Vikas Krishan returned empty-handed from the last two Olympics, and on Sunday became only the second Indian boxer after Vijender Singh to book his place for a third Games.
Krishan sealed the quota with a unanimous 5:0 decision over world number six and third seed Sewonrets Okazawa of Japan in the quarterfinals of the 69 kg category at the Asia-Oceania Olympic qualifier in Amman, Jordan.
“Earning the quota is the first step in achieving the big goal of winning an Olympic medal,” he said.
Okazawa unsettled Krishan initially with his long reach before the Indian responded with some clean punches to take the opening round in a split 3:2 verdict. In the second, Krishan’s accuracy with his left jabs and body punches resulted in a 5:0 score.
Thereafter, Krishan, competing in only his second international tournament after his return to the amateur circuit, kept the attacking Japanese at bay and landed some clean punches in between to score a 30-27, 29-28, 29-28, 30-27, 30-27 victory.
“My strategy has been to tire the opponent initially but it did not happen in the first round as Okazawa was taking advantage of his long reach. So my aim was to hit single punches and then step back. Once I unsettled him, it was easier for me in the second round to tire him and surprise him with my jab. Facing such a quality opponent means that one can’t relax in the final round and I knew that my defence had to be up to the mark to deny him scoring chances,” Krishan said.
Return to the amateur fold
Krishan, who had been competing in the 75 Kg category since 2014, made the shift to professional ranks in 2018 signing with Top Rank in USA. The Haryana boxer won his two bouts in America but an urge to appear in his third Olympics brought him back into the amateur fold.
Prior to the national camp, Krishan trained under coach Ronald Simms and he recalled the initial change.
“In professional boxing, the focus is more on high-impact blows to score knockout wins or lasting 10-12 rounds while in amateur, it’s about impressing the judges. When I shifted to professional boxing, I made a lot of adjustments including my guard position. Even though I had competed at amateur level for more than 12 years, I had to learn things like feet movement and improving my pace on my return, apart from re-learning my guard position. Coach Ronald Simms made me try things like step-back and head slip apart from making me run 15 Kms instead of 5 Kms earlier. I also worked on my jab, for which Santiago Nieva too worked a lot in the national camp.”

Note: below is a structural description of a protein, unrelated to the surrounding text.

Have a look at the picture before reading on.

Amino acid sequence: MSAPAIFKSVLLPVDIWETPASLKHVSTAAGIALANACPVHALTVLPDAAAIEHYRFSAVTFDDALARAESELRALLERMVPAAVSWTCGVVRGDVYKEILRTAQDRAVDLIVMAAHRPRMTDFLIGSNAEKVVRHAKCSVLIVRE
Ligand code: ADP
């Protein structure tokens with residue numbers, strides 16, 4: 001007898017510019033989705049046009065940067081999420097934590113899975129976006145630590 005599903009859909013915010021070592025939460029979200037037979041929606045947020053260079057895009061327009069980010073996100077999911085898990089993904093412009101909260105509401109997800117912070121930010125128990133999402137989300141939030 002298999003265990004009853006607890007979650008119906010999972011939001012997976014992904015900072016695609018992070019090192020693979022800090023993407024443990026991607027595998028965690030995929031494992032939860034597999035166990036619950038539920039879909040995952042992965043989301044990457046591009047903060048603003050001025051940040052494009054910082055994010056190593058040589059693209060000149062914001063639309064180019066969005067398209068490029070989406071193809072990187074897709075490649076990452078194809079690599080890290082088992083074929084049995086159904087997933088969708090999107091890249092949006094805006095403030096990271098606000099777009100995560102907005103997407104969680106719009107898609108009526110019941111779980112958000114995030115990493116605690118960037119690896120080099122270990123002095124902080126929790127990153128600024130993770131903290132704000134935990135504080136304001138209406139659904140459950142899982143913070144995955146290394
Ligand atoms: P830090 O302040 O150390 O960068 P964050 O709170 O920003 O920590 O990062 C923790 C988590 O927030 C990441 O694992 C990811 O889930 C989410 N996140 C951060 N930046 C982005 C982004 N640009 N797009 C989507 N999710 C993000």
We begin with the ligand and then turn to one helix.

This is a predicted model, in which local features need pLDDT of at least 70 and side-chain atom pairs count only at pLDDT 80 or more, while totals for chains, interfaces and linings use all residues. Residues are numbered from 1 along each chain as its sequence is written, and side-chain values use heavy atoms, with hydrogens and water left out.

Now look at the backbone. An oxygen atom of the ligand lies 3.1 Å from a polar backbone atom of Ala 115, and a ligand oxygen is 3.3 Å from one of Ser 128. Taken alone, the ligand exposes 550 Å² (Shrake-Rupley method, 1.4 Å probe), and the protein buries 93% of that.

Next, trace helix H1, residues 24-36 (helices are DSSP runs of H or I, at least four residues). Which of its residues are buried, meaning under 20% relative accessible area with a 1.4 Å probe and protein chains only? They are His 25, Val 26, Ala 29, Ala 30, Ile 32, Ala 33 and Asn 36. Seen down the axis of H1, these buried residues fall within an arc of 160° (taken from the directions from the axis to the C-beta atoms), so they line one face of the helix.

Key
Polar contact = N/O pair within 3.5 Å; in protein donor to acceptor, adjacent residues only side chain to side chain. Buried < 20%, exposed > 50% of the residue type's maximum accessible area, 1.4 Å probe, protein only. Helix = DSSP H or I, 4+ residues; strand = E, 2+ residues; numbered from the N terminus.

In the trials for the Asia-Oceania qualifiers, Yadav edged out Duryodhan Negi in 69 Kg, a category where he competed from 2011 to 2015 and won a bronze medal at the 2011 World Championships. Early in his career, Krishan had shifted to 69 Kg after struggling to maintain weight in 64 kg.
High-performance Director Santaigo Nieva believes Krishan’s strength lies in the 69 Kg category. The Swede didn’t get much time to train Yadav after joining post-2016 Olympics but the last six months has seen Nieva making some changes in Yadav’s approach.
“When he joined us in the national camp last year, Vikas was flat-footed and stationary in the ring. So we had to work on improving his feet movement and worked to make him throw more punches as compared to middle-weight (category). His ability to throw power punches in middle-weight helps him in welter-weight. His blocking is good but he needs to counter immediately, which can help him win a medal in Tokyo. He has faced a lot of opponents in his career and his experience will come handy in Tokyo,” says Nieva.
As for Krishan, he wants to win a medal in Tokyo for his three kids. “My elder son was an infant when I lost in London and the other two have not watched me competing. I want to win a medal with them watching and that has kept me going.”